2. I went by the Angle Lake station on Sunday. It looks very close to ready. So much so that I was a bit confused I couldn’t get in the garage since they were clearly running trains. Then I saw a sign reminding me the opening is two weeks away. LOL

  3. I took the 193 to Seattle today instead of the 177 to see how people responded to the adjusted routing. The driver actually incorrectly made a right turn onto 8th Ave instead of 9th, and some people were really confused. It’s incredible how so many people miss the big red all-caps “RIDER ALERT” signs.

  4. I read somewhere that the 106 on Rainier would be following the 9’s skip-stops, but I saw the 106 listed at every stop while I was walking from Massachusetts to Bayview.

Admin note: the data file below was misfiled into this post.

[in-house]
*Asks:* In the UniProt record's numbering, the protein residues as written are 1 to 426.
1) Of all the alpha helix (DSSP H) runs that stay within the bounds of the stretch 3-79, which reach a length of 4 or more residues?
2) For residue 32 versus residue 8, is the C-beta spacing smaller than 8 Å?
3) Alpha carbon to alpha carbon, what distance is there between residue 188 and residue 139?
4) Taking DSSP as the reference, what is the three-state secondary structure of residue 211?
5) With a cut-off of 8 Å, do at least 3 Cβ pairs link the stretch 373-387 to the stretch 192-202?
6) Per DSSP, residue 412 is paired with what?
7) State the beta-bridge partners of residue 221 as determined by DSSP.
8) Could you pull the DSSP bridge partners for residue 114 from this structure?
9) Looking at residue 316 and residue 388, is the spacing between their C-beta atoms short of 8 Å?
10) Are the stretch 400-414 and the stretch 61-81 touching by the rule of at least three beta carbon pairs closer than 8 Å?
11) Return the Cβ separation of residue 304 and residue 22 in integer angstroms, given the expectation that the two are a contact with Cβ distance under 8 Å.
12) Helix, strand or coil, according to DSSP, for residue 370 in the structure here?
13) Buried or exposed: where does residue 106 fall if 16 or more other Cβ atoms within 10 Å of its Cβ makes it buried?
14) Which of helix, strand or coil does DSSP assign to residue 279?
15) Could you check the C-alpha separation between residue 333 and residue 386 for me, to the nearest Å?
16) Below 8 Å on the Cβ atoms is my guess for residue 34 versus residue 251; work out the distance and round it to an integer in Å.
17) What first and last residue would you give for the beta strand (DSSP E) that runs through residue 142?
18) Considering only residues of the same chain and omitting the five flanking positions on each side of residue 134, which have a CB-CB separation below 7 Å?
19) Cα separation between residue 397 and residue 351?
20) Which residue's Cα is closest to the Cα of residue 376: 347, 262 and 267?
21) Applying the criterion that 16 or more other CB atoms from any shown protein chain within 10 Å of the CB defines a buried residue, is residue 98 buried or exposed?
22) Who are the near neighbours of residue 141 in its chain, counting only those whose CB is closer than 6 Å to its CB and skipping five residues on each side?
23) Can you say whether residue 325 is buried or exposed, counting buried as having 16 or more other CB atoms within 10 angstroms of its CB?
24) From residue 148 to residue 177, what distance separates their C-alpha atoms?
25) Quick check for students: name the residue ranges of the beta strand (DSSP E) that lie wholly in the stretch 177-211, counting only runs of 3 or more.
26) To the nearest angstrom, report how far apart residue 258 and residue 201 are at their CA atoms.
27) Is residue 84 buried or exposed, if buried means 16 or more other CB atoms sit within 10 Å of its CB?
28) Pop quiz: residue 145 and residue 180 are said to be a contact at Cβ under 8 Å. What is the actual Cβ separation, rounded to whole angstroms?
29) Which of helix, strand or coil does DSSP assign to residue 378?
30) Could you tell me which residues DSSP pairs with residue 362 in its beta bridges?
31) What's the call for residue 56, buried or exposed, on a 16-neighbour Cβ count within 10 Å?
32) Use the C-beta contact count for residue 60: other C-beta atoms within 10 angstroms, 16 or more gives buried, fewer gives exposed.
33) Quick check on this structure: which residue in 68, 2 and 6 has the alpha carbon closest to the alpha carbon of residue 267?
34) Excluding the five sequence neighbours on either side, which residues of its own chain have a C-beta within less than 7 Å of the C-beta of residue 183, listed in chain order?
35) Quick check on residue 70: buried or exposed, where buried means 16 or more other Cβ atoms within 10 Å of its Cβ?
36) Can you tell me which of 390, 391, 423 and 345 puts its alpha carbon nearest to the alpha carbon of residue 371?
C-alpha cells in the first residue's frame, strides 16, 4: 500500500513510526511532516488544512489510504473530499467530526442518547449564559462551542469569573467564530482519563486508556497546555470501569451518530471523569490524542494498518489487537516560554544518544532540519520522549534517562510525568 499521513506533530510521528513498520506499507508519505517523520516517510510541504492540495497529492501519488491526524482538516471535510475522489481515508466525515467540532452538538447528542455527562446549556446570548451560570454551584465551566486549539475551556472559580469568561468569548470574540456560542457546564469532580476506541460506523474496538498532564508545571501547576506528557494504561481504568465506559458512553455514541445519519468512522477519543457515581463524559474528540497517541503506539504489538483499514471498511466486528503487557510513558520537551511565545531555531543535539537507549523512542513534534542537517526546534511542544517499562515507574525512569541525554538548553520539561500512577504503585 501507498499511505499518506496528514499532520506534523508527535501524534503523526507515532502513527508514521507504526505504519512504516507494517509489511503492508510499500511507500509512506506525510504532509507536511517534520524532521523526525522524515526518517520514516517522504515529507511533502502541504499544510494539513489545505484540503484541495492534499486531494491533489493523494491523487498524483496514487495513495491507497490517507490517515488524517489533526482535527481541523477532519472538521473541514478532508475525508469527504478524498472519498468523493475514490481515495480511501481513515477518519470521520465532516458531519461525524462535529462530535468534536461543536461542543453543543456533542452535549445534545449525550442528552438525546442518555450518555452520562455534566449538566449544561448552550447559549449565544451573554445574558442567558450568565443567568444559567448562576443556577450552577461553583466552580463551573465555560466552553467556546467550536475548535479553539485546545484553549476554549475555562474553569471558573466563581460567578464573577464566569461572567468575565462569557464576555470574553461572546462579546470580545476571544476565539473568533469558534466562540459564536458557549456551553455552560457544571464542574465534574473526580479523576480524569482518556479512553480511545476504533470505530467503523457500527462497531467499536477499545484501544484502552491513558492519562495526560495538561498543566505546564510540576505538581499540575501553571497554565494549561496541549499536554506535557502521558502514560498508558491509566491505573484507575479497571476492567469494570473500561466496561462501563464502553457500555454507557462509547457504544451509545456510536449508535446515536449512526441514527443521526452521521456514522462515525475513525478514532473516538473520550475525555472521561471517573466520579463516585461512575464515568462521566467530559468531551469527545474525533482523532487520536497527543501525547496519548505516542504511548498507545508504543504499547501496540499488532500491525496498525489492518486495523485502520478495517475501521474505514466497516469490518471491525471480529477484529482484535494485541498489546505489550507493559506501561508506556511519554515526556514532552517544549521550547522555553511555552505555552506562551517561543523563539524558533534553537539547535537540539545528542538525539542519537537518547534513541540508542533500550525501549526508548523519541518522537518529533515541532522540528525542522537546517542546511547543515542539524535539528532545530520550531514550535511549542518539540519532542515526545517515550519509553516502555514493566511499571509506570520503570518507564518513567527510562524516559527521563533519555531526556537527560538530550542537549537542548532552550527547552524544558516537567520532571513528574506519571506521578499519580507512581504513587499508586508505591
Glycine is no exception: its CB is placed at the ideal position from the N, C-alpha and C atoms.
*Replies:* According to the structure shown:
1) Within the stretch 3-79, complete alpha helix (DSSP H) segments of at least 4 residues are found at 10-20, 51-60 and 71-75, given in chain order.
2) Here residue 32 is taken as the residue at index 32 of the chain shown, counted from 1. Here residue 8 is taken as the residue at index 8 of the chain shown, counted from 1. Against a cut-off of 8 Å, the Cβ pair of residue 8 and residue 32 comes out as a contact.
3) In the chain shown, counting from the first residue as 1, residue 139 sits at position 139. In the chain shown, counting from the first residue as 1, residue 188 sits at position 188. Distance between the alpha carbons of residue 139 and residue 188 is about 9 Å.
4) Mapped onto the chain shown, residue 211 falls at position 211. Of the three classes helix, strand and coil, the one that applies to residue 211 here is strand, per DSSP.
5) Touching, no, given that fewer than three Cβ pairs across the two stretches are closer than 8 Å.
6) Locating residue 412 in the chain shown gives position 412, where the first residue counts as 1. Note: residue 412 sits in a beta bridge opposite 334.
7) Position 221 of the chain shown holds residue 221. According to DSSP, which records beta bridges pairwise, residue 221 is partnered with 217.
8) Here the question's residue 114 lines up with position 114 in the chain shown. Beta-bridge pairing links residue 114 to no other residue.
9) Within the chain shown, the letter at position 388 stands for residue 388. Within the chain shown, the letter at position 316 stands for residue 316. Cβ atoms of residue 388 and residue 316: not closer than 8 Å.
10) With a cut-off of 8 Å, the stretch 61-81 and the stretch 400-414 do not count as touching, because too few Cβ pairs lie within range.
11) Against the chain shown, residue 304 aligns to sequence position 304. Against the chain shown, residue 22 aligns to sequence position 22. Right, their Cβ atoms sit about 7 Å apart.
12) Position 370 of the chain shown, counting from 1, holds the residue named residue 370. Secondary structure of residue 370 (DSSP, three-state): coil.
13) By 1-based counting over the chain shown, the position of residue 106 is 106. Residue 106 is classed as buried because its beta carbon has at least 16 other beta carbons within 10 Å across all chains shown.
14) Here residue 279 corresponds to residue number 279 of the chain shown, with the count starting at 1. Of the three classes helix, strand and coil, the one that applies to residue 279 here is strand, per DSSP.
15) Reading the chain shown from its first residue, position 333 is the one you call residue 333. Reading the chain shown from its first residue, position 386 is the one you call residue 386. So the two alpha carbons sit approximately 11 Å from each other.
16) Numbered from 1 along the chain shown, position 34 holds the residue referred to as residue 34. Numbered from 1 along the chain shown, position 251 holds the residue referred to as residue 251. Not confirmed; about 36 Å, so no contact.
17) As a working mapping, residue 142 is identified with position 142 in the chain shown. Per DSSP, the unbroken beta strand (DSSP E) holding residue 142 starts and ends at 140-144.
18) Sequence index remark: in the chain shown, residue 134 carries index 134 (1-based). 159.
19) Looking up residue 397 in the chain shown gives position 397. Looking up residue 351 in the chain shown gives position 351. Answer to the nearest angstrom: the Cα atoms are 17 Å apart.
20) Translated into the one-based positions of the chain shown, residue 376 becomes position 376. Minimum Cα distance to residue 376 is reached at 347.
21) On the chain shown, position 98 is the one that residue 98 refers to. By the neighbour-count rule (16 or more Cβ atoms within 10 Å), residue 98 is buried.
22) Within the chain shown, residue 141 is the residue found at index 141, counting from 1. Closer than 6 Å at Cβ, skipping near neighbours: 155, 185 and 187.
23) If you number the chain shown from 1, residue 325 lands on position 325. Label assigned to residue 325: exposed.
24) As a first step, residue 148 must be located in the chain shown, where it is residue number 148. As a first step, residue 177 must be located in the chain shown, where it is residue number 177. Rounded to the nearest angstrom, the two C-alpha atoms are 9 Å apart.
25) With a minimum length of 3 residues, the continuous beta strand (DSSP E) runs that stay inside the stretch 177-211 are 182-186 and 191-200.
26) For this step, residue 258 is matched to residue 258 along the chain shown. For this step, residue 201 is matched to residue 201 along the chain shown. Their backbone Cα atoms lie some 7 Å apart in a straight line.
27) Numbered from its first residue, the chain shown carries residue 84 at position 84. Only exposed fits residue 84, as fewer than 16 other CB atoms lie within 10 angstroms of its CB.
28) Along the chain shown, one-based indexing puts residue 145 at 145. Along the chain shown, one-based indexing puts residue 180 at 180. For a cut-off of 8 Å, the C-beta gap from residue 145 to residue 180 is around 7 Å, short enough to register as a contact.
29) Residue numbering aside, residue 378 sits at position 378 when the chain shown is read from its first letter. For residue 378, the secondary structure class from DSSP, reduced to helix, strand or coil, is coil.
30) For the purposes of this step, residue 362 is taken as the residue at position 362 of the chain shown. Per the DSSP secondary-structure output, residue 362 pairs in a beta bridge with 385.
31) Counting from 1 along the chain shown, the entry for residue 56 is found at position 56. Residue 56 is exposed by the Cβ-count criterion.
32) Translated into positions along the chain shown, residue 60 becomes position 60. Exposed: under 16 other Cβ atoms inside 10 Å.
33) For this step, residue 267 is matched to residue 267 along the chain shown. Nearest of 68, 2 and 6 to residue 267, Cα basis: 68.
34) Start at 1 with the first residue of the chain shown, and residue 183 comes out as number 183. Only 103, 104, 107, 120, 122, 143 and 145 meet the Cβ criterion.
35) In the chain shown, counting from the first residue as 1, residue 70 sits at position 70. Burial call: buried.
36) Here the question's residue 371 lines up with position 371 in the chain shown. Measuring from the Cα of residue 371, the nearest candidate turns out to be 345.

1. The 106 does have more stops than the 9. I rode it yesterday morning and there were about 15 people still on the bus as we rode down Jackson Street. The new 106 stops on 5th Avenue, not Jackson Street and the outbound trips to Renton turn left off of Rainier onto McClellan and then into MBTC. The bus then exits back onto Rainier (making the stop at the Link Station and then stops again at the pedestrian bridge as it turns onto MLK. That’s 3 stops in about 500 feet.

    2. The rider alert says it makes limited stops on Rainier. That raises the interesting question of why the 9, 26, and 28 are “Express” when the 106 that does the same thing is not. Since Metro’s definition of express is that it bypasses at least one stop, it would seem that the 106 should be 106X now. But if the route number is at all the stops, then either the rider alert is wrong or the stop signs are wrong. FWIW, I don’t remember the proposal saying it would be limited stop on Rainier. ACRS had better check if their stop is an express stop.